At Rio this year, Great Britain had their most successful performance at an Olympic games, and much of that success was built on the extraordinary performance of their cycling team. Team GB completely dominated the men’s and women’s track cycling, winning 6 gold metals out of 11. Everyone in the squad returned home with at least one medal. Their performance was so comprehensive that rival nations have questioned their methods. So how did a team that hasn’t been on the world stage since London 2012 do so well?
The GB cycling team was the highest funded of all nations, receiving US$39.4 million for a four year period, which is almost twice as much as other teams. Australia was second highest at US$23.5 million. This level of funding has received criticism in the UK for favoritism ahead of other sports, however the results have been telling. The funding served as the catalyst for the most cutting-edge research across any sport. Cyclists rode on US$13,000 bikes developed in secret at Cambridge University by former Jaguar F1 team boss, Tony Purnell. They wore skin-suits that analysts predict add five per cent performance gains, and their activities on and off the track were poured over in pursuit of the smallest gains. Nothing was overlooked, from square vs. rectangular pillows and seat angles to shaving body hair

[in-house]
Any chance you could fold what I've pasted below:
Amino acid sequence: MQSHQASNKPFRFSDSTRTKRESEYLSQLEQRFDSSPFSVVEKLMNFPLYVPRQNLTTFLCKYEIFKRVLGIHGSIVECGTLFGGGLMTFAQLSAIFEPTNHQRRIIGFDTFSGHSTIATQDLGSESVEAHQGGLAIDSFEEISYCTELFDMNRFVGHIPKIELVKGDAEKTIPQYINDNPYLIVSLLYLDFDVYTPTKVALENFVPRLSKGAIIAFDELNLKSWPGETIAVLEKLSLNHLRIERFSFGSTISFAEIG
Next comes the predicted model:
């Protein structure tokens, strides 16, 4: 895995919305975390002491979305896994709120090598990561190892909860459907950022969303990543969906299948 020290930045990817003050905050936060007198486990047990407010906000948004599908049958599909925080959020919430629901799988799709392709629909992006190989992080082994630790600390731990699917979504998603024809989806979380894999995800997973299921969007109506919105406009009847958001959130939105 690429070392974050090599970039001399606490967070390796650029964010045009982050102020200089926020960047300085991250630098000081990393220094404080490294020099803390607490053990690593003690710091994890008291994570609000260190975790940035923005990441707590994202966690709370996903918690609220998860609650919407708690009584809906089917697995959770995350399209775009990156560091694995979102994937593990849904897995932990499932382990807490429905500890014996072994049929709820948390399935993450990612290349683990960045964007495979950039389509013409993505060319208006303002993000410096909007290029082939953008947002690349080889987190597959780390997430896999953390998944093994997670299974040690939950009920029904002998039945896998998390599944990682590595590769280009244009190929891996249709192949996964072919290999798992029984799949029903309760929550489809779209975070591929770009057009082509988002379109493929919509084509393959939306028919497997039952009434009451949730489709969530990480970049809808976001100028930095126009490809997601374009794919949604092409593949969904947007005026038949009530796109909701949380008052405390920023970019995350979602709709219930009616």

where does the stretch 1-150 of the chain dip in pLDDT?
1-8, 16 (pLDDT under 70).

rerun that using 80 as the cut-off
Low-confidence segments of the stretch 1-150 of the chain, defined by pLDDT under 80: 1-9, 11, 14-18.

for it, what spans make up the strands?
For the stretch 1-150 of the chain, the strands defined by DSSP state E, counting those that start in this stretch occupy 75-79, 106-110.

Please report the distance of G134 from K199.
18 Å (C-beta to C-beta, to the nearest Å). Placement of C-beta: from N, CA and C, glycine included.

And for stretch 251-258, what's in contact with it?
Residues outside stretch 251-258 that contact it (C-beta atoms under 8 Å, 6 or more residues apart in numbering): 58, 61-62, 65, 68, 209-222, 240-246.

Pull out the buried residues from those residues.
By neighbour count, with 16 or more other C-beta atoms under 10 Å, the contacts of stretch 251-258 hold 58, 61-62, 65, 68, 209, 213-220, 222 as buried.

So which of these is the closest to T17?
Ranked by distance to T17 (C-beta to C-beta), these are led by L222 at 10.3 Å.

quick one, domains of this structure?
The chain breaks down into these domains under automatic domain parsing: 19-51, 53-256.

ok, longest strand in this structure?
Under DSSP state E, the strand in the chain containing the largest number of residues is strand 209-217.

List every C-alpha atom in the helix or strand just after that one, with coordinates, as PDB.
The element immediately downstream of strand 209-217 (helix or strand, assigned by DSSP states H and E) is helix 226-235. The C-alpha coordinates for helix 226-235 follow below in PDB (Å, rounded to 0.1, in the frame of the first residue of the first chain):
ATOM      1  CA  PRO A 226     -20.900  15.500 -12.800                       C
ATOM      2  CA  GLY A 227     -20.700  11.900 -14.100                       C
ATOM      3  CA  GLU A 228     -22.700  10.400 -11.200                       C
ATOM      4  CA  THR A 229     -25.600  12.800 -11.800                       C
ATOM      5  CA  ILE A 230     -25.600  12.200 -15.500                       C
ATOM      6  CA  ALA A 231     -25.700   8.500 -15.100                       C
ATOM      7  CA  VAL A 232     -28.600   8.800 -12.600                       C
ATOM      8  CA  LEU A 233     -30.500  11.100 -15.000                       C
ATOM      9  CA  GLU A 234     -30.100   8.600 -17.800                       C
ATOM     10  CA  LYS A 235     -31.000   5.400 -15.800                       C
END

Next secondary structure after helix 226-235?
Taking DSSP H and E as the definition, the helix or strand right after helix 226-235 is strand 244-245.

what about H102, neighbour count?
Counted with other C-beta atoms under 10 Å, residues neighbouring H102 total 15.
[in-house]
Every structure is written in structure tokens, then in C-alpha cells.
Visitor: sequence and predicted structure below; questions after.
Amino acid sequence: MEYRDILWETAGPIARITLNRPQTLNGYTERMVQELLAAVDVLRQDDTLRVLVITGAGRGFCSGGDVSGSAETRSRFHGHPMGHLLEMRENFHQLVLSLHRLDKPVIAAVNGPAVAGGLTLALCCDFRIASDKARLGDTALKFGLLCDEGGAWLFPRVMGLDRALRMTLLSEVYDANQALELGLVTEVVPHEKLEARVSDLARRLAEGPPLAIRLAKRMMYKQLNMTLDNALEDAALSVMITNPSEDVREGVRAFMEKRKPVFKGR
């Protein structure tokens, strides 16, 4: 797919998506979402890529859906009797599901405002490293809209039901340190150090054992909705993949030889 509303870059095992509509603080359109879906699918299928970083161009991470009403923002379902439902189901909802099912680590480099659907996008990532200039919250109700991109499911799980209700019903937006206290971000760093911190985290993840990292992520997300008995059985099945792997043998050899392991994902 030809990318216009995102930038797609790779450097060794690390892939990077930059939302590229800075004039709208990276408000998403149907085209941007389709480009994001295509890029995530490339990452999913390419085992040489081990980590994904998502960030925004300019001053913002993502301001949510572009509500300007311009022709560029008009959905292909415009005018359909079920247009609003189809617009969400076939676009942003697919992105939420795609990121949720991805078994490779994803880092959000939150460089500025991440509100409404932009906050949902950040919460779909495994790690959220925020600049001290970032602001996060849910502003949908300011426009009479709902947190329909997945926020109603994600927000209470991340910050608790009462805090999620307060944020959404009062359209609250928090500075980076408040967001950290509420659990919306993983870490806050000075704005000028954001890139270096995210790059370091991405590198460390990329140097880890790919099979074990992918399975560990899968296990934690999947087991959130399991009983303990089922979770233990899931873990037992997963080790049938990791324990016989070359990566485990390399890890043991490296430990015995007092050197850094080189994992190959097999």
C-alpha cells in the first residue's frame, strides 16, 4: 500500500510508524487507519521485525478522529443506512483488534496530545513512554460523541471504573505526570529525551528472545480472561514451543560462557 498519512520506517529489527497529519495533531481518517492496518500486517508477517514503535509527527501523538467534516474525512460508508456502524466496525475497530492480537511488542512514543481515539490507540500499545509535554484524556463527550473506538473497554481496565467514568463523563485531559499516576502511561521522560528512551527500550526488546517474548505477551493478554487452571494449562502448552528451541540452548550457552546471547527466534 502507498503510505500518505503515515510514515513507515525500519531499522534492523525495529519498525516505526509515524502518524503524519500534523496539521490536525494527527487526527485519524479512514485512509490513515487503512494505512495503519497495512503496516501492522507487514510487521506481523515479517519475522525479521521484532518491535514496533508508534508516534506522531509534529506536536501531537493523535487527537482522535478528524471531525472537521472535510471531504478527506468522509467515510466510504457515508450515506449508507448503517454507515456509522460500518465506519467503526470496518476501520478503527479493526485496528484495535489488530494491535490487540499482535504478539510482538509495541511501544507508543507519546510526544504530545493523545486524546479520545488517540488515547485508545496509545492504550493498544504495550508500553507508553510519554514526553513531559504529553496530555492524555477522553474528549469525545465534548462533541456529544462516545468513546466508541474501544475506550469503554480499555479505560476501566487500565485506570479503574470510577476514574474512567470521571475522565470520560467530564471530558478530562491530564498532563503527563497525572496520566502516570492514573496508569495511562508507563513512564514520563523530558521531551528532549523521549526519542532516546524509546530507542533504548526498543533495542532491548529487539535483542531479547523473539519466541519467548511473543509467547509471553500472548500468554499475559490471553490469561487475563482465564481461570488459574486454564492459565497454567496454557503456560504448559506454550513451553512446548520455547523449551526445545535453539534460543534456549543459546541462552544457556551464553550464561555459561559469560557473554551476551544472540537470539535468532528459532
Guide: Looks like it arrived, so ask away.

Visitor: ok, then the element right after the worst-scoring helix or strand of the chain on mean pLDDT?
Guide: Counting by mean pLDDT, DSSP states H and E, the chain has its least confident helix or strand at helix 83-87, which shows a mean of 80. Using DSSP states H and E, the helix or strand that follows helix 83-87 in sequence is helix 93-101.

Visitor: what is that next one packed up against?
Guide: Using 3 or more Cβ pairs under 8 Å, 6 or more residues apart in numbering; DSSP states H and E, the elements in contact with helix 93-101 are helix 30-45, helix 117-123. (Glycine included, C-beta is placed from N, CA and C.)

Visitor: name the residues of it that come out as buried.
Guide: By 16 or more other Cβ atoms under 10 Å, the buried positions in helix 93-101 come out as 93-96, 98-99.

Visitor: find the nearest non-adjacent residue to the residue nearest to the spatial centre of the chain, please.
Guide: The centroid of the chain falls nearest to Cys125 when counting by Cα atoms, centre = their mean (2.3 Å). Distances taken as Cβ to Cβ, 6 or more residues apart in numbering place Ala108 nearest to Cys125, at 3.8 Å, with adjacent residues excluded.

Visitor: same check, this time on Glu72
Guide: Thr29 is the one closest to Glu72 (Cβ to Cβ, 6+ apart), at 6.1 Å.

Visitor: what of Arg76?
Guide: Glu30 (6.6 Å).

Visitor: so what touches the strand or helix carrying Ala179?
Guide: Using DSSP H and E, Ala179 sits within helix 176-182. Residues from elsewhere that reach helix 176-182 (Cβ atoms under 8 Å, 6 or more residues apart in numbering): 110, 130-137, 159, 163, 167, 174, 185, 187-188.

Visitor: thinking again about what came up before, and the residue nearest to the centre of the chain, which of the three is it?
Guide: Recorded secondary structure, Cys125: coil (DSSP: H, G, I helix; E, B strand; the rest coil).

Team GB had single-minded focus towards Olympic success at the cost of all else. Their results at the World Championships and other international events since the London Olympics barely caused a blip on the radar as their entire focus was based around the four-year Olympic cycle. Track cycling received funding favoritism ahead of road, however the results speak volumes with 6 golds coming at a cost of US$6.5 million each and the cycling team winning twice as many gold medals than in any other sport